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The short-term dynamics of mixed mesophytic forest strata in West Virginia were examined using similarity analysis and linear correlation of shared ordination space. The overstory tree, understory tree, shrub/vine, and herb strata were stable over a six year interval, whereas the tree seedling and sapling strata were unstable. All strata but the shrub/vine and tree seedling strata were correlated with soil pH, elevation, P, K, Fe, Mn, Ca, and Mg, with the latter two variables being the weakest for the overstory tree, understory tree, and sapling strata. The herb stratum was also significantly correlated with the shrub/vine and tree seedling strata. The soil fertility gradient corresponded with a moisture gradient. More xeric plots tended to be less stable than more mesic plots for all strata. Successful forest management may depend on knowledge of the lower tree strata species composition, because such composition will likely vary prior to future disturbance events.
Analyses of a palaeo-channel deposit in the valley of Big Sandy Creek in northeast Texas indicate that well preserved pollen of primary origin is encountered in high concentrations. Stratigraphic pollen data derived are employed towards a reconstruction of the history of the regional pine-hardwood forest from 3500 cal. BP until present. This bio-stratigraphic sequence demonstrates that the valley has remained almost completely under forest canopy during the Middle and Late Holocene, when it is comprised of a mixture of oak, pine, and hickory. During the past 3500 yrs, the relative importance of these taxa has also varied due to drought and fire. In this respect, a differential (riparian) representation by moisture-sensitive river birch in the pollen sequence strongly suggests that periodic droughts in the valley have caused a secular variation in fire frequency and magnitude. Finally, during the past 800 yrs (Caddo period), the first significant grasslands and forbs emerge in forest clearings. The latter emergent formations are of possible anthropogenic origin after pollen data.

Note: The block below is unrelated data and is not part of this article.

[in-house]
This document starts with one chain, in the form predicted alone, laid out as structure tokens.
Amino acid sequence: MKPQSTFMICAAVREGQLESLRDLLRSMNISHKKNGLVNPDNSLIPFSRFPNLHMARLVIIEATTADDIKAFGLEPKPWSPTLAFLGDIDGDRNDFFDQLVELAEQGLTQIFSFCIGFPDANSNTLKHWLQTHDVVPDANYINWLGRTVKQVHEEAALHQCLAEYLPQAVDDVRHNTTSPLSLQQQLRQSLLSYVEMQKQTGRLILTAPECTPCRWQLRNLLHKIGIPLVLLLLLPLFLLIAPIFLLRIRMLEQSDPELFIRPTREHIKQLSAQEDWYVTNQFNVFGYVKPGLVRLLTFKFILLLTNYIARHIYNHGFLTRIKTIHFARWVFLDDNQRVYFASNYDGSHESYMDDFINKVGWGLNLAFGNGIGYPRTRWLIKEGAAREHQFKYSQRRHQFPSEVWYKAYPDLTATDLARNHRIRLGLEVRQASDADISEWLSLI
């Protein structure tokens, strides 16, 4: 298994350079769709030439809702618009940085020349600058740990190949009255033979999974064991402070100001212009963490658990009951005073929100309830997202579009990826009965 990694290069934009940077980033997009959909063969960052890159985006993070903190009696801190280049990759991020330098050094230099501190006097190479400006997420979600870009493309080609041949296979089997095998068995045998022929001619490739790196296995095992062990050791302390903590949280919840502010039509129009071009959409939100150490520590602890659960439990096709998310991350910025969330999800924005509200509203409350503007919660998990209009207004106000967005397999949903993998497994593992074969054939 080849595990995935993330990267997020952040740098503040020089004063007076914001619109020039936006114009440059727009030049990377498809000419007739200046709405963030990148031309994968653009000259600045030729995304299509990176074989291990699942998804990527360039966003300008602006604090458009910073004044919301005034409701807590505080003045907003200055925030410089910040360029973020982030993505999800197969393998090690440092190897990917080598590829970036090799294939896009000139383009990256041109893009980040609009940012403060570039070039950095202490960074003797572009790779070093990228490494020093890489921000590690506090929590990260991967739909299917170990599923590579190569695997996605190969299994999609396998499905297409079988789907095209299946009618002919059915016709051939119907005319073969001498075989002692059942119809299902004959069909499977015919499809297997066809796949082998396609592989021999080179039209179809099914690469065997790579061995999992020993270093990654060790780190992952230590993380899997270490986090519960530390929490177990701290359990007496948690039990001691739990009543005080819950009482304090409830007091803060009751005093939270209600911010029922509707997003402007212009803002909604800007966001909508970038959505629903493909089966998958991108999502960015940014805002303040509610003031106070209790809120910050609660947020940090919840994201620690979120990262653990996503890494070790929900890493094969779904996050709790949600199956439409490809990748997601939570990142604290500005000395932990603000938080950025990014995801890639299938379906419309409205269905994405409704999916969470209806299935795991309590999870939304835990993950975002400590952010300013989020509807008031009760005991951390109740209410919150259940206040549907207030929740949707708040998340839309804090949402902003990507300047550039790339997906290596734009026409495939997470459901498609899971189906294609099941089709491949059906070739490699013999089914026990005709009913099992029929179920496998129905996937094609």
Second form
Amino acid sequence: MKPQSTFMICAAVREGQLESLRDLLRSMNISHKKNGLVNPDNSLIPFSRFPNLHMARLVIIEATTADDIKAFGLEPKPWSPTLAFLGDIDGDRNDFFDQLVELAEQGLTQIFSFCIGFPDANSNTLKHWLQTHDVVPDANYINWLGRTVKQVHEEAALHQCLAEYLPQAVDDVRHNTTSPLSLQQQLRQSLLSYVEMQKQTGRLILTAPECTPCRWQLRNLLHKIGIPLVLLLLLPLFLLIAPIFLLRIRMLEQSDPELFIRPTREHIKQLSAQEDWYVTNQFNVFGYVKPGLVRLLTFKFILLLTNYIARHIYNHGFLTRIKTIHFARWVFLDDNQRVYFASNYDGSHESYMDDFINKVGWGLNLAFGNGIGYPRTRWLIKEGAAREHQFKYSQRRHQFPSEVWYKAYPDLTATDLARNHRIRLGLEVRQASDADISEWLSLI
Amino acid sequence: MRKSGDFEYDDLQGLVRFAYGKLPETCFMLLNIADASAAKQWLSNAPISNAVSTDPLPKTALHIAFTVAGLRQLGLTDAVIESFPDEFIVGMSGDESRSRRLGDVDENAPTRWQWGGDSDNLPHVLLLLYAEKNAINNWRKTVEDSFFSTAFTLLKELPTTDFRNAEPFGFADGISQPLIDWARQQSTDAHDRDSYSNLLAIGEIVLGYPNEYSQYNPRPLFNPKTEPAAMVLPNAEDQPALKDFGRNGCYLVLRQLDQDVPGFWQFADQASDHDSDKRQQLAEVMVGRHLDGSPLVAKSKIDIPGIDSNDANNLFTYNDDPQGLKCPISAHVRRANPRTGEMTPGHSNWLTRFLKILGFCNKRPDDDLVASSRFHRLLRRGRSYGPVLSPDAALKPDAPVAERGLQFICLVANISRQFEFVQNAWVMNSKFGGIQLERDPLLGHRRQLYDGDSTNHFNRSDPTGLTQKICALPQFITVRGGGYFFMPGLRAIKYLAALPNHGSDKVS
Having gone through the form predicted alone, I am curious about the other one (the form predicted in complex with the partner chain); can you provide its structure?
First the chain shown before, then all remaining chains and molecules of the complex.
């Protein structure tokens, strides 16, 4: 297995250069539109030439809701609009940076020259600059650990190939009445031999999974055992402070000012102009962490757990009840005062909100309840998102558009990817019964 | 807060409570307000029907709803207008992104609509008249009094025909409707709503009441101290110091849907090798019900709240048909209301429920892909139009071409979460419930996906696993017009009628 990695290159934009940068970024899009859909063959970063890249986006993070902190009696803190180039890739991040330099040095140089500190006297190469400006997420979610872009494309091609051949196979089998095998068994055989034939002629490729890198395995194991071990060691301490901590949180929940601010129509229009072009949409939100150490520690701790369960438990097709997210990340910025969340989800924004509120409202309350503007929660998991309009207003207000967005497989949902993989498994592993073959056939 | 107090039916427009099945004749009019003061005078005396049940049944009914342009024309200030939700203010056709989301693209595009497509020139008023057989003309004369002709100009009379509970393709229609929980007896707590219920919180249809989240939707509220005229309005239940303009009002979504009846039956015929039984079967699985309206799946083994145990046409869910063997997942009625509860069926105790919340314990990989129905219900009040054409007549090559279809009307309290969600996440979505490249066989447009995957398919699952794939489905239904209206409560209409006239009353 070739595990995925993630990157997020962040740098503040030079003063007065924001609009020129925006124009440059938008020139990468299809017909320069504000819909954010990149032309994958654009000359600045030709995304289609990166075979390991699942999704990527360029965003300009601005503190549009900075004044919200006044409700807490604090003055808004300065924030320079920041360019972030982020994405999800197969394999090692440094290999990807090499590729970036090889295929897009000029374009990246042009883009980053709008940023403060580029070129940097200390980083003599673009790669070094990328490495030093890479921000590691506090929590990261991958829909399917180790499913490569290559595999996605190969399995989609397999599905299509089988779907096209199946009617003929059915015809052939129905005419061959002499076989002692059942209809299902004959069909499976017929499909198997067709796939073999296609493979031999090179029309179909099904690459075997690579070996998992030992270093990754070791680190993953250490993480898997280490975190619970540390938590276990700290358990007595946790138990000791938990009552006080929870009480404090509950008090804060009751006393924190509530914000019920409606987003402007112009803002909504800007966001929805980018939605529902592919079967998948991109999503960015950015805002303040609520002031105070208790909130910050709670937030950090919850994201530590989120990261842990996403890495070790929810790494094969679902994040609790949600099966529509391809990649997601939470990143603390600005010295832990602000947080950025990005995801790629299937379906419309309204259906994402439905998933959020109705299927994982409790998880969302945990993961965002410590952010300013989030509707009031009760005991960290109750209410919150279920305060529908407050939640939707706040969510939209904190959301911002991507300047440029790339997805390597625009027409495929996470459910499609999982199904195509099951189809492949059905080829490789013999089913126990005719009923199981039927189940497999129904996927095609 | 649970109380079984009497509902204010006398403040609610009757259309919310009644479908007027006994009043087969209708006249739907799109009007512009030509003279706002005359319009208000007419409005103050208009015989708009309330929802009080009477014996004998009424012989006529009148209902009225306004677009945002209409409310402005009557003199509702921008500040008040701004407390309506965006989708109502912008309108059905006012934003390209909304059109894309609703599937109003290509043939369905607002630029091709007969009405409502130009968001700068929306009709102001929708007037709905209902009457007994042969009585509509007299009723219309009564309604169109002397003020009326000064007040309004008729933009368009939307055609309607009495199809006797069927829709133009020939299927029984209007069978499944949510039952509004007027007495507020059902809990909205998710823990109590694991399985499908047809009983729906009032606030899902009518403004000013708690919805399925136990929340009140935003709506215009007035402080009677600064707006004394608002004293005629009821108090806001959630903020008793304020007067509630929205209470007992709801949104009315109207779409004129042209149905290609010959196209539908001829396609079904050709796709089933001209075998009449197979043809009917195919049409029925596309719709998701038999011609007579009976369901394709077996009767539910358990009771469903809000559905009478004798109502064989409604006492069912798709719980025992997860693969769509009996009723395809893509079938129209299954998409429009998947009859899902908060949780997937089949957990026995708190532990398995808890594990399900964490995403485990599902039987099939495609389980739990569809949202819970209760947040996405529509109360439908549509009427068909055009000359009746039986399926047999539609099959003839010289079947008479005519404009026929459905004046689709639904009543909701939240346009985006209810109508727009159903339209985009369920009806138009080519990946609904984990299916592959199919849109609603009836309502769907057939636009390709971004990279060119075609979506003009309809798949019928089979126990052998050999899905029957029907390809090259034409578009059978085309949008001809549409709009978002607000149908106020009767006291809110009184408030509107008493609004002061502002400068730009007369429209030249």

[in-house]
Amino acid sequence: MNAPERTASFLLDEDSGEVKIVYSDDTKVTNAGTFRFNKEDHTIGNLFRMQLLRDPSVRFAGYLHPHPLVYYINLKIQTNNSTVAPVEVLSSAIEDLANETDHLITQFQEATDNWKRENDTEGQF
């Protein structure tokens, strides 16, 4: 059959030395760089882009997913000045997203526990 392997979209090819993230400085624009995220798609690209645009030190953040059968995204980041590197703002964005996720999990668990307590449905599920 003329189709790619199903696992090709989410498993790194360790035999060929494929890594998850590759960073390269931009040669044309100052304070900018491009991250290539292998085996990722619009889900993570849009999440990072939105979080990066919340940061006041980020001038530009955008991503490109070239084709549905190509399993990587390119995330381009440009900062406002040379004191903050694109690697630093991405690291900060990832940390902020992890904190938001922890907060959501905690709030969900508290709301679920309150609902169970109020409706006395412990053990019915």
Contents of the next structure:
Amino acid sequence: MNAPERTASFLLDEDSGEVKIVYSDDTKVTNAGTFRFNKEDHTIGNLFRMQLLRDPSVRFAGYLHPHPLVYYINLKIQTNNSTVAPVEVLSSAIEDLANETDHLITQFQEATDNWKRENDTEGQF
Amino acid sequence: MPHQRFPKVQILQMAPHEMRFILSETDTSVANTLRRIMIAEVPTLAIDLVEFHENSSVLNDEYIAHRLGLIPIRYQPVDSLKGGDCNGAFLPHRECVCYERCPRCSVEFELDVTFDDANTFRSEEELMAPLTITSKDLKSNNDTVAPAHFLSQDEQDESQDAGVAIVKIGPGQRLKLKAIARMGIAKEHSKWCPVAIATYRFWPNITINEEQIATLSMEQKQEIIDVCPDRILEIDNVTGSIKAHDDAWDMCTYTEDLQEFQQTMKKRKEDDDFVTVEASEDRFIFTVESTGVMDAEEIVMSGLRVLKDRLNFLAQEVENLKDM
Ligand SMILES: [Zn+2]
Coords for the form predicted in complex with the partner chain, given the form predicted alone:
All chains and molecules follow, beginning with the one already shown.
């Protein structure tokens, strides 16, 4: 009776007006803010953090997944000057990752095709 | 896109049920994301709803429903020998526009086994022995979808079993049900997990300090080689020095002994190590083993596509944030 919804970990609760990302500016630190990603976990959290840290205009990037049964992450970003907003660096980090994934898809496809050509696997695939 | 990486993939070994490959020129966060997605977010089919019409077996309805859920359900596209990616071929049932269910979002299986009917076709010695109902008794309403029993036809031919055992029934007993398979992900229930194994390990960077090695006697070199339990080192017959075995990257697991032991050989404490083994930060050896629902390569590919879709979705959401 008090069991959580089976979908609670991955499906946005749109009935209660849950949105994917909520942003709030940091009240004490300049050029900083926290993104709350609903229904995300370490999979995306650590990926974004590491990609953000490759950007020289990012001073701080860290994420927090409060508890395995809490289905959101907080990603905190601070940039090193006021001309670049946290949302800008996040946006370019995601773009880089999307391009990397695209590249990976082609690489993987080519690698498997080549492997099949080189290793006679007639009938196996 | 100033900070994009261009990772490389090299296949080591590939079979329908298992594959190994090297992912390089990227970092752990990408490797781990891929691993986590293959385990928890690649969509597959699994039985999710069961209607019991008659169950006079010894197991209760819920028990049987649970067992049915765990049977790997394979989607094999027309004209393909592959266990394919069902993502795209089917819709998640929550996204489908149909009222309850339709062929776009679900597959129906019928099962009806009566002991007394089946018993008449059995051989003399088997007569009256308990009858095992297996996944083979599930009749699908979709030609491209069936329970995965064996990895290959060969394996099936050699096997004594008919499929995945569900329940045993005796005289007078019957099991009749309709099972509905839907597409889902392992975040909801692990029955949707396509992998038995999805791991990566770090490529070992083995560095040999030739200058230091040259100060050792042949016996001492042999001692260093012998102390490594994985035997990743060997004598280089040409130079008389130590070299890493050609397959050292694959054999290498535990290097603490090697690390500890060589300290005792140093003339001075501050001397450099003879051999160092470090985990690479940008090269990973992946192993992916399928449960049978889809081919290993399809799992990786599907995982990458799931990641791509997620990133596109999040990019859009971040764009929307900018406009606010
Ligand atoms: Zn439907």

The authors of this article dedicate this paper to the memory of Dr. Bruce Haines, University of Georgia, in honor of his outstanding accomplishments in the field of ecosystem ecology. A good scientist, a good mentor, and a good friend.
In the fall of 2000, a ground fire burned much of the Linville Gorge Wilderness Area, North Carolina, providing an opportunity to study the effects of fire on an oak-pine forest that had not been burned in 50 years. There was no immediate overstory mortality in our study plots. Most aboveground stems of Kalmia latifolia were killed back, but most survived and subsequently re-sprouted. Fire reduced surface organic horizons by nearly 50%, and increased light penetration ∼15%, resulting in greater soil temperature extremes. Fire increased species richness in the herb layer and allowed establishment of pine seedlings and also the exotic invasive tree species Paulownia tomentosa. Rates of soil respiration and litter decomposition were significantly lower in burned plots one year *email address: email@example.com post-fire. Changes in the microenvironment in the lower strata following fire were caused primarily by the disappearance of the Kalmia canopy. This temporary loss of the shrub layer appeared to influence composition of the ground layer as well as the re-accumulation of surface soil carbon via reduced litter decay.
Ordination and cluster analysis of 90 sampled bottomland forest stands yielded 12 groups of stands (community types). Stands and groups were arranged in a Y-shaped pattern across the ordination. A Quercus nigra group and a Q. phellos group occurred along a “less flooded” arm of the Y. A Populus deltoides-Acer negundo group, an A. negundo group, and a Celtis laevigata-Carya illinoensis-Ulmus americana group occurred along the “often flooded, flowing water” arm of the Y, with the last group overlapping a Q. texana-Fraxinus pennsylvanica group near the middle of the ordination. A Liquidambar styraciflua group extended between the “less flooded” and the “flowing water” arms of the Y. The “often flooded, standing water” base of the Y had a Taxodium distichum group and a Nyssa aquatica-Planera aquatica-T. distichum group, with Cephalanthus occidentalis important in the understory in both groups. Two overlapping groups at the center of the ordination tied together the three arms of the Y. These were a Q. lyrata group and a Carya aquatica-Forestiera acuminata group. All groups except the Acer negundo group contained stands from multiple locations in two different states, suggesting generality of these combinations of species in this region.